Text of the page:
New Law Bans Certain Laundry Detergent And Cleaners In New York State
A new law went into effect recently in New York State that bans certain laundry detergents and cleaning products in New York State. If you are partial to a particular detergent or household cleaner brand, you may have to find a replacement if they don't conform to the new law.
New Law Protects Consumers In NY From Harmful Chemicals
The New York State Department of Environmental Conservation announced the new law, which took effect on January 1, 2023. The law helps protect New Yorkers and the environment by reducing the amounts of harmful chemicals in detergents and cleaning products.
1,4-Dioxane is a synthetic industrial chemical by-product that is a contaminant in cleaners and laundry detergents. It has been found in groundwater and is costly to clean up from the environment. It also has potentially harmful effects on people, according to Safe Household Cleaning,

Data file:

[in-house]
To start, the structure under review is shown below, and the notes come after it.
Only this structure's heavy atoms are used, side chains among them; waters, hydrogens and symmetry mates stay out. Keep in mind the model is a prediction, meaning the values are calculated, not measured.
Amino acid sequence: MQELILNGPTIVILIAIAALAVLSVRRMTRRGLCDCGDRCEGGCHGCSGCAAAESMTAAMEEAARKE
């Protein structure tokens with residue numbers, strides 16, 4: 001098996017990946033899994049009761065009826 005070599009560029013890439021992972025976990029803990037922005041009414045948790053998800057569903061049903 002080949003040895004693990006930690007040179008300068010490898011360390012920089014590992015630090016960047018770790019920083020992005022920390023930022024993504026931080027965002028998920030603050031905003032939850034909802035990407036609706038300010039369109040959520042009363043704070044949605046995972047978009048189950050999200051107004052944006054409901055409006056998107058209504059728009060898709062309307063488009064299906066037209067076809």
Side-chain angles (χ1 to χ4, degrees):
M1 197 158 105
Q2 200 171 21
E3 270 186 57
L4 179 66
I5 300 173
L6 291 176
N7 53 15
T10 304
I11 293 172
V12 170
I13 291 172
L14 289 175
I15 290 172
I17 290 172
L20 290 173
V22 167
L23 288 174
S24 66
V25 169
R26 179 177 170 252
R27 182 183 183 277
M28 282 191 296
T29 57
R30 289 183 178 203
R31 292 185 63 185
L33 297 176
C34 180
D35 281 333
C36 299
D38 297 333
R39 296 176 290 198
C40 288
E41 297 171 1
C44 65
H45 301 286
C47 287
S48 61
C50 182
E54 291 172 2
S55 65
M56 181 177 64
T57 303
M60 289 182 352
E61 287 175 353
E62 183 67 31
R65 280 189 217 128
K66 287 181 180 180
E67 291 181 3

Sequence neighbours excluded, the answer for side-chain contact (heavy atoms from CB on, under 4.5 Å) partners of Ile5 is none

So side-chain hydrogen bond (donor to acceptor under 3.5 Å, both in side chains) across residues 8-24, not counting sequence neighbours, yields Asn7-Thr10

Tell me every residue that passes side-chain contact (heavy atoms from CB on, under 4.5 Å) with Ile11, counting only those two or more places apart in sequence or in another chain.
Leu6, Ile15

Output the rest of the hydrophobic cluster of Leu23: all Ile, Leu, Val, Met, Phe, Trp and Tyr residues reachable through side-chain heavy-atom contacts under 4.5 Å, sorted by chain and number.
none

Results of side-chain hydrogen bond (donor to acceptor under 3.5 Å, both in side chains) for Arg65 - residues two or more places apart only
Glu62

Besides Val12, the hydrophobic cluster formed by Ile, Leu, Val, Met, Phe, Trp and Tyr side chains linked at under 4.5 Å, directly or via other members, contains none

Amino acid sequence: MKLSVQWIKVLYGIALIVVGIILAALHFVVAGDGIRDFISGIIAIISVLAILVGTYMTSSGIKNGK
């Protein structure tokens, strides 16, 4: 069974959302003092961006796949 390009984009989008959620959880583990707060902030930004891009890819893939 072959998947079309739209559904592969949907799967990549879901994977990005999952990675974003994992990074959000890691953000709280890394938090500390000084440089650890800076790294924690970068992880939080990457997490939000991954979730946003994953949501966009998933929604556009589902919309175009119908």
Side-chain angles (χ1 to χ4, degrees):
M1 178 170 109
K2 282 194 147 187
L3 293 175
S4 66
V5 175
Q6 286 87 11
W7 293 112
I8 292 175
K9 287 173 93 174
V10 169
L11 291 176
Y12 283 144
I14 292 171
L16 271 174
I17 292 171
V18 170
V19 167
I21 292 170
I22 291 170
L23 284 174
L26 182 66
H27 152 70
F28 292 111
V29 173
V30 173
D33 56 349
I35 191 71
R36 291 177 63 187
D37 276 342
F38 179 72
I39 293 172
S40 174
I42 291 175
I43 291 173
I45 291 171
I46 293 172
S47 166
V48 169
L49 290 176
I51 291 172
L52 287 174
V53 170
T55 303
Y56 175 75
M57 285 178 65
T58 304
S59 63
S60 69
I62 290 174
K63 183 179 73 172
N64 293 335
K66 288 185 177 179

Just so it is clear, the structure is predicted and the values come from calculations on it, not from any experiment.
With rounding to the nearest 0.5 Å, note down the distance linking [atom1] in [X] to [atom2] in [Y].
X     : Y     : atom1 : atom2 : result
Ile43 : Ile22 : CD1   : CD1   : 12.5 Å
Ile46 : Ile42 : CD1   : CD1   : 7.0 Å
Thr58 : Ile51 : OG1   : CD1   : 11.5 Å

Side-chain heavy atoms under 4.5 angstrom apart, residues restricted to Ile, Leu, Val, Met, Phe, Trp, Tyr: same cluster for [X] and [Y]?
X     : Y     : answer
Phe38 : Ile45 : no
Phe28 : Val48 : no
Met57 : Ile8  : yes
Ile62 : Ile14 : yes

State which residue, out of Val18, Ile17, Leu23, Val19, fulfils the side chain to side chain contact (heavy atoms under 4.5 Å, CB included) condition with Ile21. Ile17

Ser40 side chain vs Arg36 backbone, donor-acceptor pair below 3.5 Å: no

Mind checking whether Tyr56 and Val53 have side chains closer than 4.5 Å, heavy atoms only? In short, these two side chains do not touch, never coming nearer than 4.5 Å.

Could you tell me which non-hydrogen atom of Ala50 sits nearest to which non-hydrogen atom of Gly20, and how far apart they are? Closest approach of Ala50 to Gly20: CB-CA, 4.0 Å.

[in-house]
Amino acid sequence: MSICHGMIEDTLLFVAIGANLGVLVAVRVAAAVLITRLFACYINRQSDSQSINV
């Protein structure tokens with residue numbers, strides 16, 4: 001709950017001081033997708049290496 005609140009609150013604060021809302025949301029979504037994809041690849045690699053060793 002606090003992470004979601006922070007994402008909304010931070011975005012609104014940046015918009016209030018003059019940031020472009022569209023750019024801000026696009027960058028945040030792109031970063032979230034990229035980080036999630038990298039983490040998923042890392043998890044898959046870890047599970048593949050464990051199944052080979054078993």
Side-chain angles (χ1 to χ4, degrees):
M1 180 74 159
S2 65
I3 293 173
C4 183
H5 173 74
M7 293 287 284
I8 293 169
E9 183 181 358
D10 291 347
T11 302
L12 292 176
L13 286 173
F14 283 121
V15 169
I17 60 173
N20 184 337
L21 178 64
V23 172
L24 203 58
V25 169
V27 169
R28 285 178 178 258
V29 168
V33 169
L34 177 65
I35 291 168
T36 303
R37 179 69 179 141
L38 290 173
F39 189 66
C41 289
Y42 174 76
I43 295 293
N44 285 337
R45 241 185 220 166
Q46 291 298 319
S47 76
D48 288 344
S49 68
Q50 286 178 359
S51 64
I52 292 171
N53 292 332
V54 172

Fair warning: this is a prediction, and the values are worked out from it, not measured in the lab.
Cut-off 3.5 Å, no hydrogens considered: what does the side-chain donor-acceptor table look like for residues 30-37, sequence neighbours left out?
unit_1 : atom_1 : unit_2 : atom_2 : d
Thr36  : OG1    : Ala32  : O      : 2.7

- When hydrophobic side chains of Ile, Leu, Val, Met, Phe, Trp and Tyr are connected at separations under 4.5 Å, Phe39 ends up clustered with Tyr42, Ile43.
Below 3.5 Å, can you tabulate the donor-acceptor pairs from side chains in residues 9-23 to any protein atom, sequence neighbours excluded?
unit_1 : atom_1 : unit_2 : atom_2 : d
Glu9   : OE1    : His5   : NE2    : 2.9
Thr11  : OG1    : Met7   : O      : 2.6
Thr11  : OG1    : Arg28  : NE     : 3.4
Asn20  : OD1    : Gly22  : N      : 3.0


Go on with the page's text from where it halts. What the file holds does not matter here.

The World Health Organization (WHO) classifies 1,4-Dioxane as ‘possibly carcinogenic to humans (Group 2B)’. The rating is from animal studies, in which exposure has been shown to increase the risk of liver and gallbladder carcinomas.
The new law sets the maximum allowable concentration of two parts per million of 1,4-dioxane in detergents and household cleaning products. The law will change again on December 31 of this year, changing the limit to 1 ppm for 1,4-dioxane in household cleaning products.
4 Popular Detergents Have Levels Over 1,4-Dioxane
According to the website Ingredients Matter, four popular brands showed levels over New York State's new limit of 1,4-Dioxane.
1. Arm & Hammer Clean Burst - 4.28ppm of 1,4-Dioxane
2. Tide Original - 3.67ppm of 1,4-Dioxane
3. Arm & Hammer Sensitive Skin Free & Clear - 3.44ppm of 1,4-Dioxane
4. Gain Original+Aroma Boost - 3.32ppm of 1,4-Dioxane
DEC Commissioner Basil Seggos said,
DEC prioritizes the health and well-being of New Yorkers and our environment, and the implementation of new laws for chemicals in everyday household products is part of our state's ongoing commitment to protect communities. With the start of the new year, these stringent requirements will build upon our nation-leading efforts to prevent exposure to emerging contaminants.
Companies can apply for a waiver to buy some time to reduce 1,4-Dioxane.